Can China help end the world’s addiction to coal? | News

Last week the Chinese president, Xi Jinping, made a hugely meaningful announcement when he promised to stop funding coal-fired strength projects around the world. The news was greeted as a sign of Xi’s commitment on the climate crisis, and a big raise before the crucial Cop26 summit in Glasgow in November. However, experts want to know when the change will come into practice. They warn that China’s plans for continued economic growth are heavily reliant on coal at home – and that its thousands of coal plants are a huge contributor to its position as the world’s largest emitter of greenhouse gas.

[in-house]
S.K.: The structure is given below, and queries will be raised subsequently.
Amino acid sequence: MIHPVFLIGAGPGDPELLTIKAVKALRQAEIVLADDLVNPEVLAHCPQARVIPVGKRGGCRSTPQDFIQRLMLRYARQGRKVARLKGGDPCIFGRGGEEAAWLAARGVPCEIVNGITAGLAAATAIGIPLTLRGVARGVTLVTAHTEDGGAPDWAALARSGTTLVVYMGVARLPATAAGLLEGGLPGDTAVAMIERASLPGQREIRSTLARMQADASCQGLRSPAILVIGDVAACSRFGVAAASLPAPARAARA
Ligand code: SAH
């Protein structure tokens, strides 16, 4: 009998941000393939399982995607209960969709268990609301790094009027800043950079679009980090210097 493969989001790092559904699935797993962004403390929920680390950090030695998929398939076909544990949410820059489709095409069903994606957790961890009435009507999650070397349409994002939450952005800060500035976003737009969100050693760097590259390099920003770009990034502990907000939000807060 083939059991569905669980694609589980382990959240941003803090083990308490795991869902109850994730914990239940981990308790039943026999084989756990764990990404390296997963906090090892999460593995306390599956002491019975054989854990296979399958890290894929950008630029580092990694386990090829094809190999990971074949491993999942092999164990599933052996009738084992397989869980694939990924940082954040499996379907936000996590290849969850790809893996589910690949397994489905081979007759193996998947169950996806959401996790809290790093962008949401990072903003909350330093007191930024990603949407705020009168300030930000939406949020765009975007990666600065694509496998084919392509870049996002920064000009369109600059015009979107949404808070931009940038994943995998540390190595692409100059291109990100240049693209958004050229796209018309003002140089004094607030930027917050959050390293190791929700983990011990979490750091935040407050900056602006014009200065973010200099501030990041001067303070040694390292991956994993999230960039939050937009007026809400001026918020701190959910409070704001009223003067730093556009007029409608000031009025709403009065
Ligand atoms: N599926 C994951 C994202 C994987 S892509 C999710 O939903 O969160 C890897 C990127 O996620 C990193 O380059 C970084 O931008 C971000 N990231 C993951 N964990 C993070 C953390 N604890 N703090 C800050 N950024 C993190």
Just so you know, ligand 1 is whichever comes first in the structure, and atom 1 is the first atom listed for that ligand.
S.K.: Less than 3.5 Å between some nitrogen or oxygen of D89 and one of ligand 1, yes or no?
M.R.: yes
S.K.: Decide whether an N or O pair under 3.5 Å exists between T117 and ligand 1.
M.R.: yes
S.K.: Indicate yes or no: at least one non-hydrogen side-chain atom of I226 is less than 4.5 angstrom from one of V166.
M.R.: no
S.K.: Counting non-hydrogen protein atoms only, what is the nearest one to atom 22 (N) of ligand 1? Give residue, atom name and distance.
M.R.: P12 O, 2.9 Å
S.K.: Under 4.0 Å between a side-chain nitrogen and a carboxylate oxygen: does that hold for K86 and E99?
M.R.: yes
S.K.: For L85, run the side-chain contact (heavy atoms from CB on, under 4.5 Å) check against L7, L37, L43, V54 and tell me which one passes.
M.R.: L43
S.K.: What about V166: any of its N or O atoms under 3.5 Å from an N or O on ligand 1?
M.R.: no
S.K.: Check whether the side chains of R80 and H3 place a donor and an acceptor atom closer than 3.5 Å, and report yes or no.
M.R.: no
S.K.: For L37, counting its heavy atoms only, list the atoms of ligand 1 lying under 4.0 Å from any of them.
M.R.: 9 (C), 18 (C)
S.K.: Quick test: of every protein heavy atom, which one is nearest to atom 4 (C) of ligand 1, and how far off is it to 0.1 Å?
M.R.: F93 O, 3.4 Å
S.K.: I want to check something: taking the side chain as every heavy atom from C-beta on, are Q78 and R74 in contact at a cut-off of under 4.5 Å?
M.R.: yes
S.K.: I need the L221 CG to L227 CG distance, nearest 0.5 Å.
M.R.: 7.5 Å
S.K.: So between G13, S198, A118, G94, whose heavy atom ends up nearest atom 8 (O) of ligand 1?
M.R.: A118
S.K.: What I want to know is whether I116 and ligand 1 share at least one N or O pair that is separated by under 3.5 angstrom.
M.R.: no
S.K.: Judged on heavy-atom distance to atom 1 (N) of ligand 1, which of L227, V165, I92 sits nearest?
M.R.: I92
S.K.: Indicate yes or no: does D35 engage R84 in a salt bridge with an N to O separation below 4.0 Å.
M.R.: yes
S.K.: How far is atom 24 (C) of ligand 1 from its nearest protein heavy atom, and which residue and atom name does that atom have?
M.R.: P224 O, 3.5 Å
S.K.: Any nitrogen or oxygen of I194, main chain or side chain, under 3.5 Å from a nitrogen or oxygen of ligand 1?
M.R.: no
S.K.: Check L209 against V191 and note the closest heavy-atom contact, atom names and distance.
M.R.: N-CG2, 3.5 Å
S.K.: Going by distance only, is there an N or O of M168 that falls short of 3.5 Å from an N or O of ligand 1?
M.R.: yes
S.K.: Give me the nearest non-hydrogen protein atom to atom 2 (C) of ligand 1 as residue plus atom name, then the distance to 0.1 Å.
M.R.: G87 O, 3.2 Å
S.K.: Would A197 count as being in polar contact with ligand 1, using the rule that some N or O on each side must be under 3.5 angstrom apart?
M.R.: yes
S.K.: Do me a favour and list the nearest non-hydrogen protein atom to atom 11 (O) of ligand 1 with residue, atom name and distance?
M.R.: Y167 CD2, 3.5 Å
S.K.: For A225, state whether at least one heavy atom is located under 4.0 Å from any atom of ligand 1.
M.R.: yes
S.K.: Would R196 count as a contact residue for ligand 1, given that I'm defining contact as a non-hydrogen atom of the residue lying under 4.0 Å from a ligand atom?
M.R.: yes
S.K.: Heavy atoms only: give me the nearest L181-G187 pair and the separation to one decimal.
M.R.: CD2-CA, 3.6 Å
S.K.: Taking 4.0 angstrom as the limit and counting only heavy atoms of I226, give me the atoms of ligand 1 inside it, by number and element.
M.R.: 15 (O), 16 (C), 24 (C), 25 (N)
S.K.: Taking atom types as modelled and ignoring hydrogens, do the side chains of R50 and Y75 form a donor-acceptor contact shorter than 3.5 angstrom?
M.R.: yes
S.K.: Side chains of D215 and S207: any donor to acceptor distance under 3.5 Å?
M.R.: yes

In this episode, the Guardian’s global ecosystem editor, Jonathan Watts, who spent a decade reporting from Beijing, joins Nosheen Iqbal to explain the recent history of China’s reliance on coal, and mirror on why it has made this announcement now. And he sets out the reasons to be hopeful on the basis of Xi’s announcement, and the reasons to keep concerned that China – and the world – are not moving quickly enough.

The Huaibei coal-fired power plant in Haibei city, Anhui province, China.

Photograph: Li Bin/EPA

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